If you need to use colored text on a colored background – and really care about the readability (contrast) of your message (which you should), then you should try the Colour Contrast Check tool from snook.ca —go to http://www.snook.ca/technical/colour_contrast/colour.html and experiment with foreground and background colors.
Tip 3: Use few fonts
The rule of thumb to use on any publication with regards to font use: Never use more than two fonts.
Unless for the title of your diagram, avoid using serif fonts. Serif fonts have small details on the end of each stroke making up a letter. A very good example of a serif font is Times Roman.
The text you are reading right now is set in a serif font. The various headings found throughout this book are without serifs. These fonts without serifs are also known as sans serif fonts.
Good diagramming fonts are Helvetica, Futura, Optima, and Lucida Grande. All these fonts are sans serif fonts, and readily available from the Fonts stencil found in the Common stencil directory. This said, if your main document is not using any of these fonts—try to match your diagram fonts with your main document.
Though one of the "rules of thumb" regarding fonts and types is not to use ALL CAPS, there may be times when it is appropriate for your diagram. The same also is true regarding starting a word with an upper case letter. It may look better to start a word using lower case.
Tip 4: Consider your output media
If your diagram is going to appear in a printed report, thin lines may be better than thicker lines.
If your diagram is going to appear on a wall poster—thicker lines will probably be better than thinner lines as the reader is reading the poster from a distance.
If your diagram is going to appear only on screen, thicker lines may be better than thinner lines, but try not to go beyond 2 points thickness.
A thin line is a 1 point thick line—a thicker line is 2 points or more.
Tip 5: Symmetry is better than asymmetry
By nature, our brains tend to seek symmetry. Symmetry helps your diagram look balanced. Balance makes your diagram look more professional.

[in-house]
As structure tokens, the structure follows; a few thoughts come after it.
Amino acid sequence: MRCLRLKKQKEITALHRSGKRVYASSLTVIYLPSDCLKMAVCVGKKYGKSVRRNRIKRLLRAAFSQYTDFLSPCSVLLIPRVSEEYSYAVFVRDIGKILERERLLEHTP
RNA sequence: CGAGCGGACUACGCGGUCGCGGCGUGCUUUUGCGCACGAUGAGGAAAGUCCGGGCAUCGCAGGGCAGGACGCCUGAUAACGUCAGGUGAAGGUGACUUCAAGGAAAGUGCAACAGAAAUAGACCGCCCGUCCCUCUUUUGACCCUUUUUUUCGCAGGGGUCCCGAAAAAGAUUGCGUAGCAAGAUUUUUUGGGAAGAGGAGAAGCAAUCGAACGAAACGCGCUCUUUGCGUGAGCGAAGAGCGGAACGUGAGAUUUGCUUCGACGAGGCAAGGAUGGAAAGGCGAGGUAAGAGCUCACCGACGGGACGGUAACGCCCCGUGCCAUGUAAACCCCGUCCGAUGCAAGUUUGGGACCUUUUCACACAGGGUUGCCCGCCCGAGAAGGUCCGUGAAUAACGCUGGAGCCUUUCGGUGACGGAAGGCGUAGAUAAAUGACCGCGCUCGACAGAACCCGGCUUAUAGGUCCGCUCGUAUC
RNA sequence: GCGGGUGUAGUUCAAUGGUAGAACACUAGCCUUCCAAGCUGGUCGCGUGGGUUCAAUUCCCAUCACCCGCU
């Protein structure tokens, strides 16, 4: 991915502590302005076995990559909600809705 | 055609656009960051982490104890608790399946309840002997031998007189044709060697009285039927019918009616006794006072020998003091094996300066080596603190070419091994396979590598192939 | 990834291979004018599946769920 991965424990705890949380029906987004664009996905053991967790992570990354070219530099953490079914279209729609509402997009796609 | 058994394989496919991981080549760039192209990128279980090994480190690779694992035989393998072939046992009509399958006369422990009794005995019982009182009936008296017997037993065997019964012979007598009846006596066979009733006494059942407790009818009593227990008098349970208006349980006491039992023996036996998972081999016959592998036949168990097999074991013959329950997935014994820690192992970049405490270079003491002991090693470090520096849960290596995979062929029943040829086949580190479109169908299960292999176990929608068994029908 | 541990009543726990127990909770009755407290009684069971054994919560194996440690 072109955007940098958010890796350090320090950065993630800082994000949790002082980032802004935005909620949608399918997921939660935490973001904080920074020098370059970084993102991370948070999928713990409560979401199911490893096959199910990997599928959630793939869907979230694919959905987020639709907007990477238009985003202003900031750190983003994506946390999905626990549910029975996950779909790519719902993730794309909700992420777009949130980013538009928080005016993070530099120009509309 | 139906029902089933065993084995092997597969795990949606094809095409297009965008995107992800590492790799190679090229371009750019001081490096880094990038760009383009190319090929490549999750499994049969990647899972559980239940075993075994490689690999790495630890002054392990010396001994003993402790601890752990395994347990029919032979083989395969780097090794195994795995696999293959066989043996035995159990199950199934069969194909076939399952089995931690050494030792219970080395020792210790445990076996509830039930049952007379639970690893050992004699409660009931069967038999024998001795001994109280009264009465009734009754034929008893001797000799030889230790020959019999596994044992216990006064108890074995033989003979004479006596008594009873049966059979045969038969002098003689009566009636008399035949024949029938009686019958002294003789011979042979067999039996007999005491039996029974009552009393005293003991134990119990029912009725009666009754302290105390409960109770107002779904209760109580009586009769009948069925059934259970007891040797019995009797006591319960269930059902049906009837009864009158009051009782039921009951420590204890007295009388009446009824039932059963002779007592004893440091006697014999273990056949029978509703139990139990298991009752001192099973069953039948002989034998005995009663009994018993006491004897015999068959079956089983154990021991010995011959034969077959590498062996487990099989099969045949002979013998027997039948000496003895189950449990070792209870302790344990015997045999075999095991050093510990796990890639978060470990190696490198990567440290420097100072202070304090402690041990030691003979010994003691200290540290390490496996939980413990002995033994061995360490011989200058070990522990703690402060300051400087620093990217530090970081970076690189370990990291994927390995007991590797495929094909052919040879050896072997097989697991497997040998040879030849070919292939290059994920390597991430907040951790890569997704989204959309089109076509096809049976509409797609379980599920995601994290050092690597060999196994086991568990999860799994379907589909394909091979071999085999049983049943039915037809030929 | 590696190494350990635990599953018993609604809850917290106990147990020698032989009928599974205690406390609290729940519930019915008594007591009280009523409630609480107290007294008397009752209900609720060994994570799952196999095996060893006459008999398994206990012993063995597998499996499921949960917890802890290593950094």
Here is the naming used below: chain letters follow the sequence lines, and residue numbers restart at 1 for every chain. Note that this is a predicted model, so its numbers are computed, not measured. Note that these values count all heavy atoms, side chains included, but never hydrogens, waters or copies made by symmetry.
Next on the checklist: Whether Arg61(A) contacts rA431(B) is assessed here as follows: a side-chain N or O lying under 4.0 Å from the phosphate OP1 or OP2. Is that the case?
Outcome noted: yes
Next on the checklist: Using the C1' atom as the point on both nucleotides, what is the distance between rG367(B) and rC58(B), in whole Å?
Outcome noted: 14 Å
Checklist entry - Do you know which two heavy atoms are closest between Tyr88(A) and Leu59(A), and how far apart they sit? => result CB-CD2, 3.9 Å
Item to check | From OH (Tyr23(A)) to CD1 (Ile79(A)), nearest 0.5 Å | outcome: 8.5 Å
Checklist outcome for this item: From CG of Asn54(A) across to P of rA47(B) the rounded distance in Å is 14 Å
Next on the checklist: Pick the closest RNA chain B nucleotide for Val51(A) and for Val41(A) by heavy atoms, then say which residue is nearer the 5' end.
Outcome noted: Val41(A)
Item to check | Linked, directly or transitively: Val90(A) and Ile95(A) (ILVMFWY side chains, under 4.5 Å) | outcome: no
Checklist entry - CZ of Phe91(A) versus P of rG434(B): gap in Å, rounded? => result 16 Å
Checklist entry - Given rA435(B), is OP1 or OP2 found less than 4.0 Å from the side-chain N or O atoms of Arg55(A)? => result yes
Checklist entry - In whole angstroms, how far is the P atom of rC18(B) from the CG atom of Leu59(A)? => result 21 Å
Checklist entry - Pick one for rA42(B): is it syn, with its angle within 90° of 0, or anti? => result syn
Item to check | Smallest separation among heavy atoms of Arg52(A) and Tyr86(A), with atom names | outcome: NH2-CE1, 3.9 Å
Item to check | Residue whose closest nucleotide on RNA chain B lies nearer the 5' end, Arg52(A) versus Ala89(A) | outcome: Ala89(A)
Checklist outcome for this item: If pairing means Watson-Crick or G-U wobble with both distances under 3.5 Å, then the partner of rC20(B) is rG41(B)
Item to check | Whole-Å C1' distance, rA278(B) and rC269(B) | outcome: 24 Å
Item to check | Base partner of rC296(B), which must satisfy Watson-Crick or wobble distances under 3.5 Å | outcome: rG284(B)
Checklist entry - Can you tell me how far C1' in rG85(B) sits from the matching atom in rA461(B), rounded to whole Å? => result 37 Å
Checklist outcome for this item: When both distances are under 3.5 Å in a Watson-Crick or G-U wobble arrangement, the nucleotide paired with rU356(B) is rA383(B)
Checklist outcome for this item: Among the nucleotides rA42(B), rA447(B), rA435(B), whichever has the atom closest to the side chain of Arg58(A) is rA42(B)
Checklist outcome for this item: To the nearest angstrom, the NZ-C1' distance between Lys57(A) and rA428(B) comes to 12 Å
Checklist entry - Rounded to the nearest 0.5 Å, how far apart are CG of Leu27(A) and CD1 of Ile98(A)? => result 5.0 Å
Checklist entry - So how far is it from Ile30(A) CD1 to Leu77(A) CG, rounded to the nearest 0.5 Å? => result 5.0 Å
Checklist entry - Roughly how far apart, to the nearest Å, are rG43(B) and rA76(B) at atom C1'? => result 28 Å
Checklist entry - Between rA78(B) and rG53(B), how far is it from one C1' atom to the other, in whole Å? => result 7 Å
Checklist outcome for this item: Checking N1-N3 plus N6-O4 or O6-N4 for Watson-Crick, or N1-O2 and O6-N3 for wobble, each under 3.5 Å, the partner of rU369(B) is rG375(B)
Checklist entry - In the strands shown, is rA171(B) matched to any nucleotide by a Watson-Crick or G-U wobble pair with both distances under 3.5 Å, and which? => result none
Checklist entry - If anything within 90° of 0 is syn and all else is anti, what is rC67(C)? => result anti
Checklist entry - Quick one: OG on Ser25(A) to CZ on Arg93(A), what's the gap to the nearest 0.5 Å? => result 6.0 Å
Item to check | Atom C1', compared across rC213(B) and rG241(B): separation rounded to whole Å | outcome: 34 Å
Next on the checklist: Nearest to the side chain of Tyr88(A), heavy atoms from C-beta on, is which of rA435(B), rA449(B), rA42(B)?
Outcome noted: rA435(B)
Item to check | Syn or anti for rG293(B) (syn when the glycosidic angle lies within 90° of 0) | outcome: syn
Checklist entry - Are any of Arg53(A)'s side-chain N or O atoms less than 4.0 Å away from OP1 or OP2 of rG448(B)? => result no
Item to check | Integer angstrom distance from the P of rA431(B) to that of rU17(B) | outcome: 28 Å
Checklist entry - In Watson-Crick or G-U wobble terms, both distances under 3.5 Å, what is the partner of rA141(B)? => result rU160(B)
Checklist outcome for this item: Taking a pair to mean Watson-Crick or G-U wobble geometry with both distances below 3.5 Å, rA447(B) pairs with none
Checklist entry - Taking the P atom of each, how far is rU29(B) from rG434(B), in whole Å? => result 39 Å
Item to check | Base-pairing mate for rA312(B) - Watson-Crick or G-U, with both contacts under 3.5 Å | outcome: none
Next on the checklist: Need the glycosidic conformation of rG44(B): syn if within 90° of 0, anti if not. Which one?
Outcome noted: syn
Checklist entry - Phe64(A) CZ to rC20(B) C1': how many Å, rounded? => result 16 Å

There is a caveat regarding visual symmetry: Visual symmetry does not equal mathematical symmetry. A good example of mathematical symmetry is the income diagram shown below.
The cylinders below the blue arrows are mathematically correct but if you study the diagram you might get a nagging feeling that there is something not quite right. However, you cannot really put your finger on what the problem is. This is probably due to the lack of visual symmetry. One solution is given below where the expenditures are alone shown in cylinders. The saving is shown as a piggy bank using a stencil called Cash Flow from Graffletopia.
Any educated graphics designer (architect, photographer, illustrator, and so on) will tell you that you should favor visual symmetry rather than mathematical. If you are unsure about how to do this—just create diagrams that "feel and look right". If this fails, go down the mathematical symmetry route.
Tip 6: Have one, and only one, focus point
The focus point is the most important part of your diagram.
Creating diagrams means that you will have several elements in your diagram. If you are not careful, your readers will not "get" your diagram without spending a lot of time studying the details. It is really important to have as few focus points as possible. If you can get away with only one focus point – this is excellent. If your number of focus points increases beyond five, your diagram runs the risk of becoming everything and the kitchen sink – as such, you should really go back to your planning stage!